The Living Village is part of Yale Divinity School at Yale University, situated in New Haven, Connecticut. Located in southern New England, New Haven has hot, humid summers and cool to cold winters.
How Sterling Divinity Quadrangle came to be built can be traced to the early 1920s, the historic decade-long building boom that transformed Yale between 1922 and 1932, thanks to the vast John Sterling bequest. …The architectural firm Delano and Aldrich was recruited to design a new divinity quad. William Adams Delano (1895 BA) had already produced Yale’s Wright Hall, William L. Harkness Hall, and, in 1911, the YDS Day Missions Library. In 1930, Delano submitted a blueprint for a new YDS quad, but very soon it became clear that the location—the southwest corner of Hillhouse Avenue and Sachem Street—would be too small for the School’s projected growth.
A few months later, the University received fateful news: Thomas Gray Bennett (1870 PhB), owner of a large estate on Prospect Street, had died, and the property was now available. He was a son-in-law of Oliver Winchester, former head of the Winchester Repeating Arms Company, the firearms manufacturer, in New Haven.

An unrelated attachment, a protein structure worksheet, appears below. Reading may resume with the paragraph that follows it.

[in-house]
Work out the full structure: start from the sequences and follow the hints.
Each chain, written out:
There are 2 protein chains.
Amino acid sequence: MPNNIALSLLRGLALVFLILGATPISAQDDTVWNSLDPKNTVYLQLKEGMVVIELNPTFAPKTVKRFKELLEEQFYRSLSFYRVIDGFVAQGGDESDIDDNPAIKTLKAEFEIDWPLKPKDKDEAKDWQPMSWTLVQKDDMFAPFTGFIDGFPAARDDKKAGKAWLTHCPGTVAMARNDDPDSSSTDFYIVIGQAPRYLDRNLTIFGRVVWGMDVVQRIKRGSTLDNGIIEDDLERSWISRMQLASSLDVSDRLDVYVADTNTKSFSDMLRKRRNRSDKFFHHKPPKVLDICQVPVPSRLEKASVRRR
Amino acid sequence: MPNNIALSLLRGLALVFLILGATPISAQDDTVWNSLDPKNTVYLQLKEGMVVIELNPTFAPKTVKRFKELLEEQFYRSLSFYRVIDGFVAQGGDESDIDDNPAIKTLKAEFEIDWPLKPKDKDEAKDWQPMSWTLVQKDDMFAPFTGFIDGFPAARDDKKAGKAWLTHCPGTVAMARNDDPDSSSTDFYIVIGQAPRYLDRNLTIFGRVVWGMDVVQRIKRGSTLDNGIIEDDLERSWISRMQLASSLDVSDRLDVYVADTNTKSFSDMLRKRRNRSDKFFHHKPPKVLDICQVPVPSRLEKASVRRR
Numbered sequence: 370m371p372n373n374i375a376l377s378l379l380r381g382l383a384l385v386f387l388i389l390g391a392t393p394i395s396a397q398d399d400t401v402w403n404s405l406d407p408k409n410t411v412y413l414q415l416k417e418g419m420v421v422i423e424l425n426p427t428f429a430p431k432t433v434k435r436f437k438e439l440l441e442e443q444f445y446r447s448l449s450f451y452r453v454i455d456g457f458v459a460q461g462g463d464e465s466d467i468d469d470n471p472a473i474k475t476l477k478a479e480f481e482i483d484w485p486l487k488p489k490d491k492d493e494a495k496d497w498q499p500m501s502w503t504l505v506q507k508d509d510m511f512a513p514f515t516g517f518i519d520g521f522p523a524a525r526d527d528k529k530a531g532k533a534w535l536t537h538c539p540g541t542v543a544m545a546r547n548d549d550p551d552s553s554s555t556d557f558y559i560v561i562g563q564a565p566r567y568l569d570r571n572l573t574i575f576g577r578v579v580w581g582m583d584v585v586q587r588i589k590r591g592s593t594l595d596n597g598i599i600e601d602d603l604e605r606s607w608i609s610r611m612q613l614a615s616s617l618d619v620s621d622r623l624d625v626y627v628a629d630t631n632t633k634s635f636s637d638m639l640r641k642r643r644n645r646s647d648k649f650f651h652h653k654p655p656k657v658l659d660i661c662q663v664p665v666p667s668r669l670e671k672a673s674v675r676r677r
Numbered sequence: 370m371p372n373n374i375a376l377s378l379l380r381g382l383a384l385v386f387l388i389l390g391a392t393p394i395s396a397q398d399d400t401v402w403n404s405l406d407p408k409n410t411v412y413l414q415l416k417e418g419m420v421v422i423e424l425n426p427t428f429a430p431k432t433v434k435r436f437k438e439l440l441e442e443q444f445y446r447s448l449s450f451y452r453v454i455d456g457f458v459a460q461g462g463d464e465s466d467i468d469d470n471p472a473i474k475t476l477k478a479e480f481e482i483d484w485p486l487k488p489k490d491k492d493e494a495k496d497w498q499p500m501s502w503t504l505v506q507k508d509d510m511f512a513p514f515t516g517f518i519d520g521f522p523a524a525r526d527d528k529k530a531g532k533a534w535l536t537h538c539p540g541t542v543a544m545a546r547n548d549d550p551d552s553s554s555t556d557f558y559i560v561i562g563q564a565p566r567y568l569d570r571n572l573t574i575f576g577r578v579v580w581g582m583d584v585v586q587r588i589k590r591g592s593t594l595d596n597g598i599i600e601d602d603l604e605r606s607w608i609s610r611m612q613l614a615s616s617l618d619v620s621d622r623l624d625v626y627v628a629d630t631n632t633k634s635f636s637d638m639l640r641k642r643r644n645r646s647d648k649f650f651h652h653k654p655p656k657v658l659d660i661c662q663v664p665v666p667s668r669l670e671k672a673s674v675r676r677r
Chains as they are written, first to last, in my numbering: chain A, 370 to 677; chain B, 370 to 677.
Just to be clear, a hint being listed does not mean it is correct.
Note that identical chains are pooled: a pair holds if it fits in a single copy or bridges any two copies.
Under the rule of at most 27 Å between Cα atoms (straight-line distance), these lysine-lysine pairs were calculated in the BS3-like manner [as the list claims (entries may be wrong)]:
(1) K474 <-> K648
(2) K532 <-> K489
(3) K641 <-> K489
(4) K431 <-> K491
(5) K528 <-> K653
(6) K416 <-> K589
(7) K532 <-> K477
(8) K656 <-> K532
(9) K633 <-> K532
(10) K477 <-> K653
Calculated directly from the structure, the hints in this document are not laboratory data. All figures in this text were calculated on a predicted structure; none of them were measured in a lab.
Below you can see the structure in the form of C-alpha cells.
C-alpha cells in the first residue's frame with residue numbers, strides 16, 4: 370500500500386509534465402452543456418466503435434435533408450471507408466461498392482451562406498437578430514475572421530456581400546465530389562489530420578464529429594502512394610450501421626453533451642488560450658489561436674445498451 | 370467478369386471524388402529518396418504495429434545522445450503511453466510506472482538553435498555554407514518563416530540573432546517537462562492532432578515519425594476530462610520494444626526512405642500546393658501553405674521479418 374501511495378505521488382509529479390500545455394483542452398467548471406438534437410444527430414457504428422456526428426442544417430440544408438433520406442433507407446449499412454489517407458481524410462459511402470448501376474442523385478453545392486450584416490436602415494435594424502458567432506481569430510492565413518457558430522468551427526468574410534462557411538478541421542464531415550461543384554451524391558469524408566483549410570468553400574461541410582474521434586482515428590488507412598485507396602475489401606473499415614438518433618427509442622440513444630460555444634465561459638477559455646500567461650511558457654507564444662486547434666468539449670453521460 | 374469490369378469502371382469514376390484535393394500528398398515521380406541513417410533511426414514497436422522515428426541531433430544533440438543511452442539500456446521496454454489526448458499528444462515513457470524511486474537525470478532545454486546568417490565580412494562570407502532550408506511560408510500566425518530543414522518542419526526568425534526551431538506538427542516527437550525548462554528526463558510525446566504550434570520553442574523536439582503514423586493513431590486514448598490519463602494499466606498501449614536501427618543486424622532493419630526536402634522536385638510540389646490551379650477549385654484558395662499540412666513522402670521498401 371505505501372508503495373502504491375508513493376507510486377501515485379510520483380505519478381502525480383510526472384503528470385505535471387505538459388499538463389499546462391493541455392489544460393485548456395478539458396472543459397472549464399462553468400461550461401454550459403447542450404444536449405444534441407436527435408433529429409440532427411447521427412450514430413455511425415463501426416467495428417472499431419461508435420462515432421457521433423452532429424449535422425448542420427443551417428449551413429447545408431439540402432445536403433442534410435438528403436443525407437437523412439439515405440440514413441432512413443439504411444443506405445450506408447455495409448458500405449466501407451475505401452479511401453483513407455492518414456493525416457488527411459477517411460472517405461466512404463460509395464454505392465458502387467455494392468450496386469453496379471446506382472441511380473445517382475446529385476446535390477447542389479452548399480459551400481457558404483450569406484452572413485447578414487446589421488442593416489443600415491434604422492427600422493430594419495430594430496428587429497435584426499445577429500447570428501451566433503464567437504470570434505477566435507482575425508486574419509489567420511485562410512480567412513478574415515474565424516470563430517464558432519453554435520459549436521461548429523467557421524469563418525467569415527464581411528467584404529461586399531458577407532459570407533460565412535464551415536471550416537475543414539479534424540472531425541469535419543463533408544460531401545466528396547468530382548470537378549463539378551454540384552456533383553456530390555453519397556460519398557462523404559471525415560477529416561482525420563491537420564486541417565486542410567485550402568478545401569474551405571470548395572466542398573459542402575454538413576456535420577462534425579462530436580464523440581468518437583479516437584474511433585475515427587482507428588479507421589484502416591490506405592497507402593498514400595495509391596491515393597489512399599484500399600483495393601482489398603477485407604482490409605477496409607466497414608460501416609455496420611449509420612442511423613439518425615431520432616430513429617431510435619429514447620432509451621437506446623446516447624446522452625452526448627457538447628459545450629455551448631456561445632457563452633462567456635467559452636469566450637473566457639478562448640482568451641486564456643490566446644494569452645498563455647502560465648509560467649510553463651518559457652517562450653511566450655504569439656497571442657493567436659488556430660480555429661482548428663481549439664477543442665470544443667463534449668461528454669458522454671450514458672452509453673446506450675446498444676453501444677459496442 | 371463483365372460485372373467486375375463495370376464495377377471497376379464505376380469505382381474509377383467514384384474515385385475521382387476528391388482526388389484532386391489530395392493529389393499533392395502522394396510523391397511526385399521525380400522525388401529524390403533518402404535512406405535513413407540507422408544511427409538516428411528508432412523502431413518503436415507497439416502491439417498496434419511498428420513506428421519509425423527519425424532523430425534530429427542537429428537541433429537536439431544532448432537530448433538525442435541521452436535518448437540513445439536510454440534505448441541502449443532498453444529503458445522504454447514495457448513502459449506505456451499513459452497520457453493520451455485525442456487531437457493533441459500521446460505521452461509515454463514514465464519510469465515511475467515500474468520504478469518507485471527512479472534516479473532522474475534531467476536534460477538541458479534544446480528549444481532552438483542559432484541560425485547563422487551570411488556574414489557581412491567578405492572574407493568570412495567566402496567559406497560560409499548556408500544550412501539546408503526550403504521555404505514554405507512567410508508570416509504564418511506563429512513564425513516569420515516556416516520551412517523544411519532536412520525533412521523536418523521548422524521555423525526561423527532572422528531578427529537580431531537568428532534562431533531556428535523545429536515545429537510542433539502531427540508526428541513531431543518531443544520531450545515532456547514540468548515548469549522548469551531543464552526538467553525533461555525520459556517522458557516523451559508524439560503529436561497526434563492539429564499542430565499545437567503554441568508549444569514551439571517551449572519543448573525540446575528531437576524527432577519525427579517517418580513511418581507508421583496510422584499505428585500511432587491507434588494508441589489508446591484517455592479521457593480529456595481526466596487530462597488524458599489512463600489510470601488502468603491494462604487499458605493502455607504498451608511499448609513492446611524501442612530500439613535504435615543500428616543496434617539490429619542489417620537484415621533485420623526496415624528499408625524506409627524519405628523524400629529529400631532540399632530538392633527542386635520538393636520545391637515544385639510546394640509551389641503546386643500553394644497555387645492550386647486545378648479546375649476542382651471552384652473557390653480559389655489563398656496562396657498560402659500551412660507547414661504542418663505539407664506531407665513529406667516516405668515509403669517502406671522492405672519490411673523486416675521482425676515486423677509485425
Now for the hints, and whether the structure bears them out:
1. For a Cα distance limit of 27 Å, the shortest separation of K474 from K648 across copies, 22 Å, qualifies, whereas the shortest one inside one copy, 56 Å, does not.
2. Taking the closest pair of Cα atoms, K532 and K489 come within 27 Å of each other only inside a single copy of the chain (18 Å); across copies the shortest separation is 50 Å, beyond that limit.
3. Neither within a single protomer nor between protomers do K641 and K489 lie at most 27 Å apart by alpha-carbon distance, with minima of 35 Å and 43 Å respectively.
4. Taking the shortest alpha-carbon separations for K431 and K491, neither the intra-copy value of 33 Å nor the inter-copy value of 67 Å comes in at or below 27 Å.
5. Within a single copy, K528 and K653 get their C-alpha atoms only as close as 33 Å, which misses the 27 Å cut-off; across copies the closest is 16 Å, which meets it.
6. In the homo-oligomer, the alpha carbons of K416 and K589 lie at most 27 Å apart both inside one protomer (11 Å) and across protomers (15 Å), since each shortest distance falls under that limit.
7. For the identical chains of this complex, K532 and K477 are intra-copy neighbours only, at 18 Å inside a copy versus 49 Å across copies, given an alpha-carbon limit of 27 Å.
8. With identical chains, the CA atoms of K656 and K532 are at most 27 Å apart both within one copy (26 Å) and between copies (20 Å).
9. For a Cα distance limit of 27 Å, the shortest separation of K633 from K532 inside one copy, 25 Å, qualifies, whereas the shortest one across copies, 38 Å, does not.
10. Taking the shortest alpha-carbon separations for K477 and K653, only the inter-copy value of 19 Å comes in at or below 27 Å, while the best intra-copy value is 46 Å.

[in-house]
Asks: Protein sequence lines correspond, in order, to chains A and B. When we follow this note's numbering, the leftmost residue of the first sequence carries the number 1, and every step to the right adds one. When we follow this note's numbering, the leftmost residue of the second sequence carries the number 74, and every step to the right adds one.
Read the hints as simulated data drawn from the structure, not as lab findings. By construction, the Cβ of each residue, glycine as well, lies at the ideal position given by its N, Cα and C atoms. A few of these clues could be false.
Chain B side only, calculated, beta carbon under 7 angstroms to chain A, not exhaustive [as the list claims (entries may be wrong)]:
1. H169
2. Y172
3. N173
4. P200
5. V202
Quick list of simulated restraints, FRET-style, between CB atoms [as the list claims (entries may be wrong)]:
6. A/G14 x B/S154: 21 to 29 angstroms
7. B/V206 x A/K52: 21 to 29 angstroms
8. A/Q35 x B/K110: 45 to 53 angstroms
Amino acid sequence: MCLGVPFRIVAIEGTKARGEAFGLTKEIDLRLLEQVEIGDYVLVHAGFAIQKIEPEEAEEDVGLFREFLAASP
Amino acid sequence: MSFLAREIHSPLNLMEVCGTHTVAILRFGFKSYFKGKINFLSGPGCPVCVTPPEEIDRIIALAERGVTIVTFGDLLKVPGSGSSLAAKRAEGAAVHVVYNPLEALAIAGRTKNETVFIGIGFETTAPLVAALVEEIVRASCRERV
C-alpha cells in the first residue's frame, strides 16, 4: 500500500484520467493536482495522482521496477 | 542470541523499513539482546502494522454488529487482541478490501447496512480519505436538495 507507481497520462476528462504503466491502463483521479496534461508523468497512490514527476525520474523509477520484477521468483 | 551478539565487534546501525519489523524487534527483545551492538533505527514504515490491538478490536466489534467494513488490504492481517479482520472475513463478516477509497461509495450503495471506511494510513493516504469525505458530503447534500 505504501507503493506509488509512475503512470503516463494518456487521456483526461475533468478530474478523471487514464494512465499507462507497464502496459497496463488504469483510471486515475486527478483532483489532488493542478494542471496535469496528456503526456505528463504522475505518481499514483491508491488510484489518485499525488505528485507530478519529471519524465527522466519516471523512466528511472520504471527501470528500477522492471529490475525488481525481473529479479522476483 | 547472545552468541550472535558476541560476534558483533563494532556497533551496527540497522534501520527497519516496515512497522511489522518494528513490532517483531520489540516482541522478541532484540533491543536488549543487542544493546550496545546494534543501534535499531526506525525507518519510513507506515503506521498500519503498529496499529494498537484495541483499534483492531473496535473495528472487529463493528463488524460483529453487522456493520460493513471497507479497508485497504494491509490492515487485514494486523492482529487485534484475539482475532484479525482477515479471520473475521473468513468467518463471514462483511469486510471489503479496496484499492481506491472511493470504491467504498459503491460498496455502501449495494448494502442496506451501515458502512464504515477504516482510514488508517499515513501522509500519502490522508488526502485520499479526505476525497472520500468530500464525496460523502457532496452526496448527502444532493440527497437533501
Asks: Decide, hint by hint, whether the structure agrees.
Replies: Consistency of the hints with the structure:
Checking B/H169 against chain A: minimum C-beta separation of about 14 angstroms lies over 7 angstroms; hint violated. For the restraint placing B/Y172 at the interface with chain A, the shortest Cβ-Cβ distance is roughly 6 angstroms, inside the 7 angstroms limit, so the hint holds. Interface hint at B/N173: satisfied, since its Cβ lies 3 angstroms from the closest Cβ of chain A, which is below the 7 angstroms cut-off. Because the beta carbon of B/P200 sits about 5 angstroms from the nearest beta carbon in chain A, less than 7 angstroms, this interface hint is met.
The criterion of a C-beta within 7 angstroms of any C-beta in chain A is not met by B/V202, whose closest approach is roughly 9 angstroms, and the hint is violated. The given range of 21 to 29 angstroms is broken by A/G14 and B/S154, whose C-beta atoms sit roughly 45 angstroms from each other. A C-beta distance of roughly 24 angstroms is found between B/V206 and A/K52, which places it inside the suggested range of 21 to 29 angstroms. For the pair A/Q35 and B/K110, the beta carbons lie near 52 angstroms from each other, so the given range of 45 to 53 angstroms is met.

Acquiring the Prospect Street tract would give the Divinity School the room it needed in a beautiful setting at a New Haven geographical high point, despite some faculty concern that the new location, a mile from the downtown campus, was a formidable distance. With the new location secured, the Sterling Divinity Quadrangle was drawn up by Delano, inspired by Thomas Jefferson’s design of the University of Virginia. In decisive ways, it differed from Jefferson’s secular “academical village.”
Foremost in the new Quad design was its religious identity: the prominence of Marquand Chapel and its steeple declared the centrality of faith, theology, and worship. As Dean Gregory E. Sterling later described it: “UV A had the library at the center. We have Marquand, a striking symbolic difference. At present the main entrance to the library is directly beneath Marquand. We have intellect on the ground floor and faith above it, a relationship that captures the essence of the School.”
Setting the new building high on Prospect also honored a revered New England spiritual trope—“a city set on a hill cannot be hid,” from Matthew 5:14. “In Georgian Colonial, a style simple and functional,” historian Bainton would write, “dormitories were provided for the unmarried men and buildings for administration and teaching in addition to a refectory, gymnasium, library, and a chapel chaste and worshipful.”